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      Download the Game Design and Indie Game Marketing Freebook   07/19/17

      GameDev.net and CRC Press have teamed up to bring a free ebook of content curated from top titles published by CRC Press. The freebook, Practices of Game Design & Indie Game Marketing, includes chapters from The Art of Game Design: A Book of Lenses, A Practical Guide to Indie Game Marketing, and An Architectural Approach to Level Design. The GameDev.net FreeBook is relevant to game designers, developers, and those interested in learning more about the challenges in game development. We know game development can be a tough discipline and business, so we picked several chapters from CRC Press titles that we thought would be of interest to you, the GameDev.net audience, in your journey to design, develop, and market your next game. The free ebook is available through CRC Press by clicking here. The Curated Books The Art of Game Design: A Book of Lenses, Second Edition, by Jesse Schell Presents 100+ sets of questions, or different lenses, for viewing a game’s design, encompassing diverse fields such as psychology, architecture, music, film, software engineering, theme park design, mathematics, anthropology, and more. Written by one of the world's top game designers, this book describes the deepest and most fundamental principles of game design, demonstrating how tactics used in board, card, and athletic games also work in video games. It provides practical instruction on creating world-class games that will be played again and again. View it here. A Practical Guide to Indie Game Marketing, by Joel Dreskin Marketing is an essential but too frequently overlooked or minimized component of the release plan for indie games. A Practical Guide to Indie Game Marketing provides you with the tools needed to build visibility and sell your indie games. With special focus on those developers with small budgets and limited staff and resources, this book is packed with tangible recommendations and techniques that you can put to use immediately. As a seasoned professional of the indie game arena, author Joel Dreskin gives you insight into practical, real-world experiences of marketing numerous successful games and also provides stories of the failures. View it here. An Architectural Approach to Level Design This is one of the first books to integrate architectural and spatial design theory with the field of level design. The book presents architectural techniques and theories for level designers to use in their own work. It connects architecture and level design in different ways that address the practical elements of how designers construct space and the experiential elements of how and why humans interact with this space. Throughout the text, readers learn skills for spatial layout, evoking emotion through gamespaces, and creating better levels through architectural theory. View it here. Learn more and download the ebook by clicking here. Did you know? GameDev.net and CRC Press also recently teamed up to bring GDNet+ Members up to a 20% discount on all CRC Press books. Learn more about this and other benefits here.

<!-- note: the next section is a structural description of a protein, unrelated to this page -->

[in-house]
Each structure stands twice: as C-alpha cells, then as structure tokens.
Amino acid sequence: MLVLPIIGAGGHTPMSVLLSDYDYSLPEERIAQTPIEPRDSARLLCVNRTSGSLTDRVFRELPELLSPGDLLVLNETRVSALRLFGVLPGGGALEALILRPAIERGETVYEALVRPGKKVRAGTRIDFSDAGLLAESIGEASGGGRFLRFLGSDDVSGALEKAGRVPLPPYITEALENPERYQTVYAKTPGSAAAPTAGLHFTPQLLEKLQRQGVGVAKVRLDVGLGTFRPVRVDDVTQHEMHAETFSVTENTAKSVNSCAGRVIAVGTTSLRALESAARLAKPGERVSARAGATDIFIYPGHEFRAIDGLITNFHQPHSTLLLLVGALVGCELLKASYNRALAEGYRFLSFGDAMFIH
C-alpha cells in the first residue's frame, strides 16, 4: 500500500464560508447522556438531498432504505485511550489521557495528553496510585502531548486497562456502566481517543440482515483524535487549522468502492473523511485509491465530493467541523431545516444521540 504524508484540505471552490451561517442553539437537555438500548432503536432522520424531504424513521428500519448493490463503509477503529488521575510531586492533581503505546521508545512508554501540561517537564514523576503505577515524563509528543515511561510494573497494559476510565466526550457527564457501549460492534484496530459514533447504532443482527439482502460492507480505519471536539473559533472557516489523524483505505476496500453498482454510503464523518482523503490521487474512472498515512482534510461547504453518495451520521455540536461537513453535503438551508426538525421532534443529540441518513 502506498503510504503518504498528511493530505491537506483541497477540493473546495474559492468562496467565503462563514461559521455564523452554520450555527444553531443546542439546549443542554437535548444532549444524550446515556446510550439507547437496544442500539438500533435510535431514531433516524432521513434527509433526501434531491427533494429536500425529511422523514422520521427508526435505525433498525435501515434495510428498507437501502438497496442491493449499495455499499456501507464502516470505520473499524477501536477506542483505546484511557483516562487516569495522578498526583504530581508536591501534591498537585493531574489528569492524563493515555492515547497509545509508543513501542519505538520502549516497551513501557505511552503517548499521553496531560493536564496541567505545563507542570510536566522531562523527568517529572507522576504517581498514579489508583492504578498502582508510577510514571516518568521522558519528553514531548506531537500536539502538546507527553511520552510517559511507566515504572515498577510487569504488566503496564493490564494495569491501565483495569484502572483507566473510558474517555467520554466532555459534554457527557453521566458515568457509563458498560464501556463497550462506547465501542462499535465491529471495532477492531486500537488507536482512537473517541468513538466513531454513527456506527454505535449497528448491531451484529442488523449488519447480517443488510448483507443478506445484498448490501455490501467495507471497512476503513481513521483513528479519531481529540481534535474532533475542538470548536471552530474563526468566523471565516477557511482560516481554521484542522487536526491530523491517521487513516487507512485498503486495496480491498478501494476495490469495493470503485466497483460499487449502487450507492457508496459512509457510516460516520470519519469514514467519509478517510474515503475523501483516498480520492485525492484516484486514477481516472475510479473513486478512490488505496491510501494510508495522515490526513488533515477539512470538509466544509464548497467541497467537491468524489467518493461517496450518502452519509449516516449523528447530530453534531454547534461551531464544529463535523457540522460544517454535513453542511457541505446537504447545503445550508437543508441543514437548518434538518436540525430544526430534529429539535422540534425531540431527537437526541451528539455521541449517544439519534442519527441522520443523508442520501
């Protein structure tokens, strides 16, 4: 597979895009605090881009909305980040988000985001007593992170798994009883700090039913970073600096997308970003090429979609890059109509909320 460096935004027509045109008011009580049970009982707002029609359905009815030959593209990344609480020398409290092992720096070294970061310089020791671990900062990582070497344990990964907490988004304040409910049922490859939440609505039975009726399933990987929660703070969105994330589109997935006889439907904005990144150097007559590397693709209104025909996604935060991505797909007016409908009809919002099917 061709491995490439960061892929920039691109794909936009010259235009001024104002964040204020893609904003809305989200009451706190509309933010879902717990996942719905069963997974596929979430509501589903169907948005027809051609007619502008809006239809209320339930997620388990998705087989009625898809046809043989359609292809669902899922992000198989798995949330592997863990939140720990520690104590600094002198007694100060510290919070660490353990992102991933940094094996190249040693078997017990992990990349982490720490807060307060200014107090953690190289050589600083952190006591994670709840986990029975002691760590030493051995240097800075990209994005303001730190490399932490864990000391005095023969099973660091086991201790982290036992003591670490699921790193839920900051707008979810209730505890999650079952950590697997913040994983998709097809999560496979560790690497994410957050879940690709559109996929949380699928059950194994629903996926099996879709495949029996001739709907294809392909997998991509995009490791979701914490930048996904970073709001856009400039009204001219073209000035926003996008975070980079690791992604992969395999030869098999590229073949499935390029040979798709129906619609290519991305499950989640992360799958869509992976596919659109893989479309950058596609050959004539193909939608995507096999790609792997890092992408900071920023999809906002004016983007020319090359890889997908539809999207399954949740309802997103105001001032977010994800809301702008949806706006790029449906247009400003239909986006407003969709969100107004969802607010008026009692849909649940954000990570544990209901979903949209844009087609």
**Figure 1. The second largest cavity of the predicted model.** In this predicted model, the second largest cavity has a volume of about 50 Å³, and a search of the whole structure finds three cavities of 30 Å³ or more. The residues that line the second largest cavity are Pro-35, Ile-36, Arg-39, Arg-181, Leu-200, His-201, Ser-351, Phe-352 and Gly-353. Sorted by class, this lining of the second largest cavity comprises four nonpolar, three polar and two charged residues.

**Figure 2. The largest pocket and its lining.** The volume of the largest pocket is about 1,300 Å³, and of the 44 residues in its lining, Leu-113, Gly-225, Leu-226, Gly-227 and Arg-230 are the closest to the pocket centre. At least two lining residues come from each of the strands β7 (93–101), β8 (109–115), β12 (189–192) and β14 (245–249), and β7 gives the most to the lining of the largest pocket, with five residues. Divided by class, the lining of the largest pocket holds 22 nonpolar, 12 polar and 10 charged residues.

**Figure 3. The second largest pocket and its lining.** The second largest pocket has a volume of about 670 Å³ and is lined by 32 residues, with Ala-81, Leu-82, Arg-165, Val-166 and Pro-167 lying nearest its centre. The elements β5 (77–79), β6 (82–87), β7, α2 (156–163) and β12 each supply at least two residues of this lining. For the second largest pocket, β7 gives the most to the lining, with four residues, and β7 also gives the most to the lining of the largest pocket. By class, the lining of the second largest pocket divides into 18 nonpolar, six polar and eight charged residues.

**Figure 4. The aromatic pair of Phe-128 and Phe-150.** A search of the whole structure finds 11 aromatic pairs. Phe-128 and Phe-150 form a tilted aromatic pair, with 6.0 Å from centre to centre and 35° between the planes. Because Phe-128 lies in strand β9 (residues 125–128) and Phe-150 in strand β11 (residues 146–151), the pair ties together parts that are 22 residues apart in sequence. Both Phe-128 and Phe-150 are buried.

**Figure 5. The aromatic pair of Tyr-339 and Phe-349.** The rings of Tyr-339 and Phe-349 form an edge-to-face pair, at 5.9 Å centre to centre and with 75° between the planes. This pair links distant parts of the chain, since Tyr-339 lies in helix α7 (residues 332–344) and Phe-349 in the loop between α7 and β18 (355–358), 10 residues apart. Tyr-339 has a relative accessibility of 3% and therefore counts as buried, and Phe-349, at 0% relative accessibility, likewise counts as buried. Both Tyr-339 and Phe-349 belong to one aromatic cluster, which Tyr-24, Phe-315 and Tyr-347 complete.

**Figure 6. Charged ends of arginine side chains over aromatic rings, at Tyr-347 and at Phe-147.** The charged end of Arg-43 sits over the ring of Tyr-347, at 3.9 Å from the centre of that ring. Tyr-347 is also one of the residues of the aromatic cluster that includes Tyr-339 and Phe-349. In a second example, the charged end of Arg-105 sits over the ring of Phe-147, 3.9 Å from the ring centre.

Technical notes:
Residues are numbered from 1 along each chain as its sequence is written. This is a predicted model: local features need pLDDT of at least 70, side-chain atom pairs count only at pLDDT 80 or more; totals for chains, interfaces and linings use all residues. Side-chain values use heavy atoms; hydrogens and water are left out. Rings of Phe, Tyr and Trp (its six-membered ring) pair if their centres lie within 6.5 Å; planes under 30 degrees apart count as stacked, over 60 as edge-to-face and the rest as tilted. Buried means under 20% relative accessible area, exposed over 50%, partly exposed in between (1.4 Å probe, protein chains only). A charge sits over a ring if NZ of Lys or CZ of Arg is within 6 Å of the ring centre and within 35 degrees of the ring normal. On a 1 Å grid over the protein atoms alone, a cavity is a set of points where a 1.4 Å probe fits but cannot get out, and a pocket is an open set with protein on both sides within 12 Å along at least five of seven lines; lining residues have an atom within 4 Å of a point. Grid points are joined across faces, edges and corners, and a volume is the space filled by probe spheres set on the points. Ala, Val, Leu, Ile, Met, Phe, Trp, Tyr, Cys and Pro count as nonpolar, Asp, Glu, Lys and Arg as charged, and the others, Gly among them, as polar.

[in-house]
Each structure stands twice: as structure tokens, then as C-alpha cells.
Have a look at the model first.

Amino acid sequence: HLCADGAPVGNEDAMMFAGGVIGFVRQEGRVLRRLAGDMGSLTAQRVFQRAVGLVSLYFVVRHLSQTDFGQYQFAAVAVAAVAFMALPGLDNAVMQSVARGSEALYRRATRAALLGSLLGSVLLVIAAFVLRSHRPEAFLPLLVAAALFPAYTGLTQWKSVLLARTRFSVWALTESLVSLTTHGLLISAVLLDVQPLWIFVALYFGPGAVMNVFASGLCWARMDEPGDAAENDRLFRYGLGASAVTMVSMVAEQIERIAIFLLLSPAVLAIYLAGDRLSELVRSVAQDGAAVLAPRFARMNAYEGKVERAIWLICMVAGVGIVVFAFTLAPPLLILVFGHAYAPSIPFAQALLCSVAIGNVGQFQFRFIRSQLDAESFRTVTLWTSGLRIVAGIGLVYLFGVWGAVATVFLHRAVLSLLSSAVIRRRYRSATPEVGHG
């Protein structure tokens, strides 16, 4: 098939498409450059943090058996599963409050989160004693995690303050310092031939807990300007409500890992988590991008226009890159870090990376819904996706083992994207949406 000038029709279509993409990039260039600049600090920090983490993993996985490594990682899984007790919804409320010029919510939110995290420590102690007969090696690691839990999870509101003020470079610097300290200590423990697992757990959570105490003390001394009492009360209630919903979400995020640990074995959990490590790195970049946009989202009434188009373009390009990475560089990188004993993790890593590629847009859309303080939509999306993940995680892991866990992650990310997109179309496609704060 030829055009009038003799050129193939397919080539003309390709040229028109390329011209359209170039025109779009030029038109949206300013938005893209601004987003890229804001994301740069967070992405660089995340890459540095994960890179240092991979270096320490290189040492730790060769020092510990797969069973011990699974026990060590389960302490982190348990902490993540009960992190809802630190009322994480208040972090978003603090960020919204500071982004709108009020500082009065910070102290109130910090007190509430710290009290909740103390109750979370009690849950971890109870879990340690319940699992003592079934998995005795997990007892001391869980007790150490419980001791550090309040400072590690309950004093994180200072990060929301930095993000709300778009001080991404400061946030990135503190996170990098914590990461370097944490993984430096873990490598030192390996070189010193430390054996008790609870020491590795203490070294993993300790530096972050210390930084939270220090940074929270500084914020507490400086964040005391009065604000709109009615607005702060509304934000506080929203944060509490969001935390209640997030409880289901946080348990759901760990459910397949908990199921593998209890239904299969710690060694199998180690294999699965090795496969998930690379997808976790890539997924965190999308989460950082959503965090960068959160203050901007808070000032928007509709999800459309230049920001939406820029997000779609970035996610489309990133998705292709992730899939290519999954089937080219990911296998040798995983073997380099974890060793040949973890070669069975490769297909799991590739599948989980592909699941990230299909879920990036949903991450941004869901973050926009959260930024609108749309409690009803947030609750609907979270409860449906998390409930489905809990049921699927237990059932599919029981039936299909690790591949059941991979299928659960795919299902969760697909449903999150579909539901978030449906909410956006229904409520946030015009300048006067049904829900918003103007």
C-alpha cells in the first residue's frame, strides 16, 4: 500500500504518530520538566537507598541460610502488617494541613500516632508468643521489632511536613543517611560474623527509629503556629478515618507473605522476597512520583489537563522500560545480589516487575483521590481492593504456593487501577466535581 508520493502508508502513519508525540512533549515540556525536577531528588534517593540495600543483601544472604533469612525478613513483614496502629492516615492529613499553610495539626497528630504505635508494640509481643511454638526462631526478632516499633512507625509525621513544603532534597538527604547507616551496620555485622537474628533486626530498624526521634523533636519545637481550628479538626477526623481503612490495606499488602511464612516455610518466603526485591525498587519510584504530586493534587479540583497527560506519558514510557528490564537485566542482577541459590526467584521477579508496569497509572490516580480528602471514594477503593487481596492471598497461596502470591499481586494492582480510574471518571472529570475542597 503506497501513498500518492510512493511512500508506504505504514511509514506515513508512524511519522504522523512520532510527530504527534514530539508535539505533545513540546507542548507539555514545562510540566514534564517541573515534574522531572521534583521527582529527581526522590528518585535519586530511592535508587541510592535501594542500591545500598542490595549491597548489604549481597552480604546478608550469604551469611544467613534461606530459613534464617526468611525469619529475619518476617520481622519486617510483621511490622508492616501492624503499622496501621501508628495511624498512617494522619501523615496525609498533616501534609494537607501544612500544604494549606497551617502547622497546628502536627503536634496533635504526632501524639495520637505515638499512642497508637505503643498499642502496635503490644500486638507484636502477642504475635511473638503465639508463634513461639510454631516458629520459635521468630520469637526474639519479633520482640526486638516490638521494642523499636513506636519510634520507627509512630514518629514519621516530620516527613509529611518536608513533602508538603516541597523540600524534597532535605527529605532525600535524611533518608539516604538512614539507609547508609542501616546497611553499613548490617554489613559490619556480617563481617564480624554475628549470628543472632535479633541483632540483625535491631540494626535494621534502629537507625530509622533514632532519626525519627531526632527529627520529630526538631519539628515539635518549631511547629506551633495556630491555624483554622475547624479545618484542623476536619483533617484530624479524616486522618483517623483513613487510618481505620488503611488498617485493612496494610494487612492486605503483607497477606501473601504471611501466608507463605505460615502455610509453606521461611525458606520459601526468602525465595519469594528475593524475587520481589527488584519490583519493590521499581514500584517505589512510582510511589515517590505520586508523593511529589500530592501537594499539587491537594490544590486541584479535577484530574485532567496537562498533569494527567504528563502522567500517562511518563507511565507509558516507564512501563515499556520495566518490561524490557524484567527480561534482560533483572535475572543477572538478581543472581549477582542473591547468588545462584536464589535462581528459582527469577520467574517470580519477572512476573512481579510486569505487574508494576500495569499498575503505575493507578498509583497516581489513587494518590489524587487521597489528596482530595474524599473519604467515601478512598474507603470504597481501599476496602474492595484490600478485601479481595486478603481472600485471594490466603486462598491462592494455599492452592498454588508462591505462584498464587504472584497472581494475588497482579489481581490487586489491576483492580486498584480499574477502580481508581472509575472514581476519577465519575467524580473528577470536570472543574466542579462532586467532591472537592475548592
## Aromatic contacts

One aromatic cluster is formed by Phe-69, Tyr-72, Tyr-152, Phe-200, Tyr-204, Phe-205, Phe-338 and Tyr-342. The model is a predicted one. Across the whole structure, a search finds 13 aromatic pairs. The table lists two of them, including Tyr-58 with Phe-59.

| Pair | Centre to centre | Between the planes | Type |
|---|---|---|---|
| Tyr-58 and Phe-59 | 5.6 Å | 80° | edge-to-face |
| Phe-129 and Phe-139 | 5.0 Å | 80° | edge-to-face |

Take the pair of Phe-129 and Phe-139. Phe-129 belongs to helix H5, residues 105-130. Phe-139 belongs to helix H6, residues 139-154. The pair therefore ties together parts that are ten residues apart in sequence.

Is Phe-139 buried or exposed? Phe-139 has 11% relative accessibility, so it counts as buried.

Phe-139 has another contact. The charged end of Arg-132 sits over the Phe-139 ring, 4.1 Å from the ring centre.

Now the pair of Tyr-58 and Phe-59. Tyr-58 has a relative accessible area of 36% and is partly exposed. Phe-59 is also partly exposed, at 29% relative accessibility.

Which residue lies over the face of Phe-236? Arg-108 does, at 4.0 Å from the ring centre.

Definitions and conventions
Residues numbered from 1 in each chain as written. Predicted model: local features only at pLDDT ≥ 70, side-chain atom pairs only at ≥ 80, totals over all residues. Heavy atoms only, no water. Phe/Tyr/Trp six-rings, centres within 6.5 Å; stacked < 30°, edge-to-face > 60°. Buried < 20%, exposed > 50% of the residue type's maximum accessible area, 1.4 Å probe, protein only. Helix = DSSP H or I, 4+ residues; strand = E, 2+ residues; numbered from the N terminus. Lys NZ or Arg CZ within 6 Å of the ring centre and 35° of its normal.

Destin Bales

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  1. Hi Emark, I took a quick look at your resume, and while the point is a bit moot now, should you ever decide to try for the Gamestop job again my feedback is:[list] [*]Make sure your resume shows your love of gaming [list] [*]Try adding a quote about games in the footer? [*]List your hobbies? [*]Perhaps add an image or logo that shows your love of gaming? [/list][*]Don't be afraid to [url="http://www.coolinfographics.com/blog/2012/6/15/200-infographic-resumes-an-escalating-trend.html"]get creative [/url]to help yourself stand out [*]Most importantly, NEVER GIVE UP. If you want to work at Gamestop, apply every month. Try different resumes and strategies. Stay hungry. [/list] Best, Destin [url="http://www.ineedtomakegames.com"]www.ineedtomakegames.com[/url]